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Real Estate

Real estate is different than other consumer sectors of spending. It’s obviously not consumable like food or clothing. But it’s not like a durable product either, like cars and washing machines. Real estate, with the exception of natural disasters or human insanity (arson, wars, etc.), tends to last forever.

The result in net housing demand, allowing for later retirement in the future is a whole different, and more sobering, picture…

Yes, residential real estate will never be the same. It most certainly will be nothing like what we experienced into 2005.

The same logic applies to commercial real estate. It gets hit harder in downturns as businesses voluntarily abandon leases and real estate faster than households do (after all, we’re more emotionally attached to our homes!).

Commercial real estate is driven by the combination of new entrants adding to the workforce at age 20 (on average) and leaving the workforce when they retire at age 63.

It should be no surprise that prime city real estate is priced sky-high worldwide. Buyers are paying so much for commercial buildings that their rental income is just too low. This is typical for the real estate cycle, but we’re approaching the top of the roller coaster. It all comes rushing down at some point.

But real estate, especially trophy buildings in the most important cities, is still one of the best ways to make fortunes. When economies soften, it’s these buildings that stay rented – and at top rates. Weathering the storm is key, regardless if you’re a regular investor or a billion-dollar CEO managing a brand.

The trends in commercial real estate aren’t as bad as they are in the residential space because baby boomer retirements peak in 2026 while their deaths don’t peak until around 2044.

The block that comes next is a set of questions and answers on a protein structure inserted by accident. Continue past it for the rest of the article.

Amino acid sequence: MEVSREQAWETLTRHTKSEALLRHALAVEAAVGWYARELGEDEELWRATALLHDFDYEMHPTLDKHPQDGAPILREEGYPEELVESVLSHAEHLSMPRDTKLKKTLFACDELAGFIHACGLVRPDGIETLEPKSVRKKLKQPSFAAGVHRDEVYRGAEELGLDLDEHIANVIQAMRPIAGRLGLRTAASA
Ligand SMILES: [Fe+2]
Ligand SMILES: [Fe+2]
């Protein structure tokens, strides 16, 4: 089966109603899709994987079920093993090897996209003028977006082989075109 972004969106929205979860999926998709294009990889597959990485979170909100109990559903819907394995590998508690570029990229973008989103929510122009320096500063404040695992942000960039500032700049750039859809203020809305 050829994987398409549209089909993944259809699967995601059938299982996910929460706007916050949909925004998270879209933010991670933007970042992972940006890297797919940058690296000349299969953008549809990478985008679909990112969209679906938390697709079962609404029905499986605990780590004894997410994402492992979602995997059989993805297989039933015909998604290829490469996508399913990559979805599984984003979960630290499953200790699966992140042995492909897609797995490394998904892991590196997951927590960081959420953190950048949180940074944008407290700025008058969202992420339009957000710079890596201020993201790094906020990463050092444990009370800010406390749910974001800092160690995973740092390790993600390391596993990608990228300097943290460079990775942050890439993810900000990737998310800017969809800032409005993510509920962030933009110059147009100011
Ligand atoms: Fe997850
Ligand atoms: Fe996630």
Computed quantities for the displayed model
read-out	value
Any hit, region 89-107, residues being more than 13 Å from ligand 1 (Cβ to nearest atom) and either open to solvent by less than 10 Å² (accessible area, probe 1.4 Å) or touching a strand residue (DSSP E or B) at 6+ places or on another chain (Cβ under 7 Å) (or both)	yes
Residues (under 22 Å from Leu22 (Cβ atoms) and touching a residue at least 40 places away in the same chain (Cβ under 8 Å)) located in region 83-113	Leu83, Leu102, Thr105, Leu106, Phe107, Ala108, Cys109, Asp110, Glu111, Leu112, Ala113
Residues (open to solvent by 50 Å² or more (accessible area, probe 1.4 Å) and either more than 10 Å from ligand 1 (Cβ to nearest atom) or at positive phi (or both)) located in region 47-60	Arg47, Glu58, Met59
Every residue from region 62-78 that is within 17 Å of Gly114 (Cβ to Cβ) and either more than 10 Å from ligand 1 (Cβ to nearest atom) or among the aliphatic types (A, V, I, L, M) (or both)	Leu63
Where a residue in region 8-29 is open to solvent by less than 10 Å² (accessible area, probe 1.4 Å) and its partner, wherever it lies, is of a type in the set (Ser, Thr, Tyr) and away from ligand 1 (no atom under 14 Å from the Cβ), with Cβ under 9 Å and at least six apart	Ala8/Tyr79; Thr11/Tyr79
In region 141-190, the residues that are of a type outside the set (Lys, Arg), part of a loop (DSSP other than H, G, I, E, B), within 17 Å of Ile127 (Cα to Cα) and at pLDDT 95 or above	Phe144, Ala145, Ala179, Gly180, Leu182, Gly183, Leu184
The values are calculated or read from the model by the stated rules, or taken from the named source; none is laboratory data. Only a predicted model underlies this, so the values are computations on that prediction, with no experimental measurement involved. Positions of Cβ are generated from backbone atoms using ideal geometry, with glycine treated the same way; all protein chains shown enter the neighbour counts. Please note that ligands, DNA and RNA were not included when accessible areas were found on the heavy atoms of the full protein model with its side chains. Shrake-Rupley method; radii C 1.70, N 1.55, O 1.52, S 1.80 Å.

Then there’s the retail sector that will be impacted by the natural spending trends reflected in our Generational Spending Wave. Those trends, in the U.S., peaked in late 2007. Only massive QE has offset those declines and limited the effects… but that can’t continue forever.

But besides the demographic challenges the commercial sector faces, there’s another demon out for blood. Amazon, among many other Internet-retailers, are taking market share from brick-and-mortar stores. Major warehouses skip the retail level and ship direct, don’t use as much real estate space, and certainly not prime/Main Street space. Unless we have some major catastrophe that sees us return to a world with no Internet, I don’t see this trend reversing!

So, what will do well, in an aging and Internet-intensive world with less need for brick-and-mortar real estate? Affordable rental residential real estate aimed at the younger millennials and retiring baby boomers. The same goes for vacation and retirement sectors, but only after they crash in the next three years or so, and only into around 2026 or 2027.

With regards to the aging boomer population, hospitals, healthcare facilities, nursing homes, assisted-living and funeral facilities should boom.

With a smaller generation (echo boomers) following a larger generation (baby boomers) for the first time in history, we’re caught in the trap of “diers” vs. “buyers.”

Essentially, millions more people will be leaving the housing market than entering it. With sellers drastically exceeding buyers, there will be a huge housing glut. And as we learned in Economics 101, when supply outpaces demand, prices drop proportionally.

That’s why we’re looking at another massive housing market crash just ahead.

But demographics also tell us other important things about real estate. Just as the aging of baby boomers and echo boomers will cause the next housing market crash, it will have widely varying effects on other real estate categories and geographies. That will create a number of profitable opportunities for those who are savvy enough to take advantage of these little understood trends, just like those we mentioned earlier.

Keep up with the changing real estate market, and where other opportunities will present themselves in Economy & Markets!

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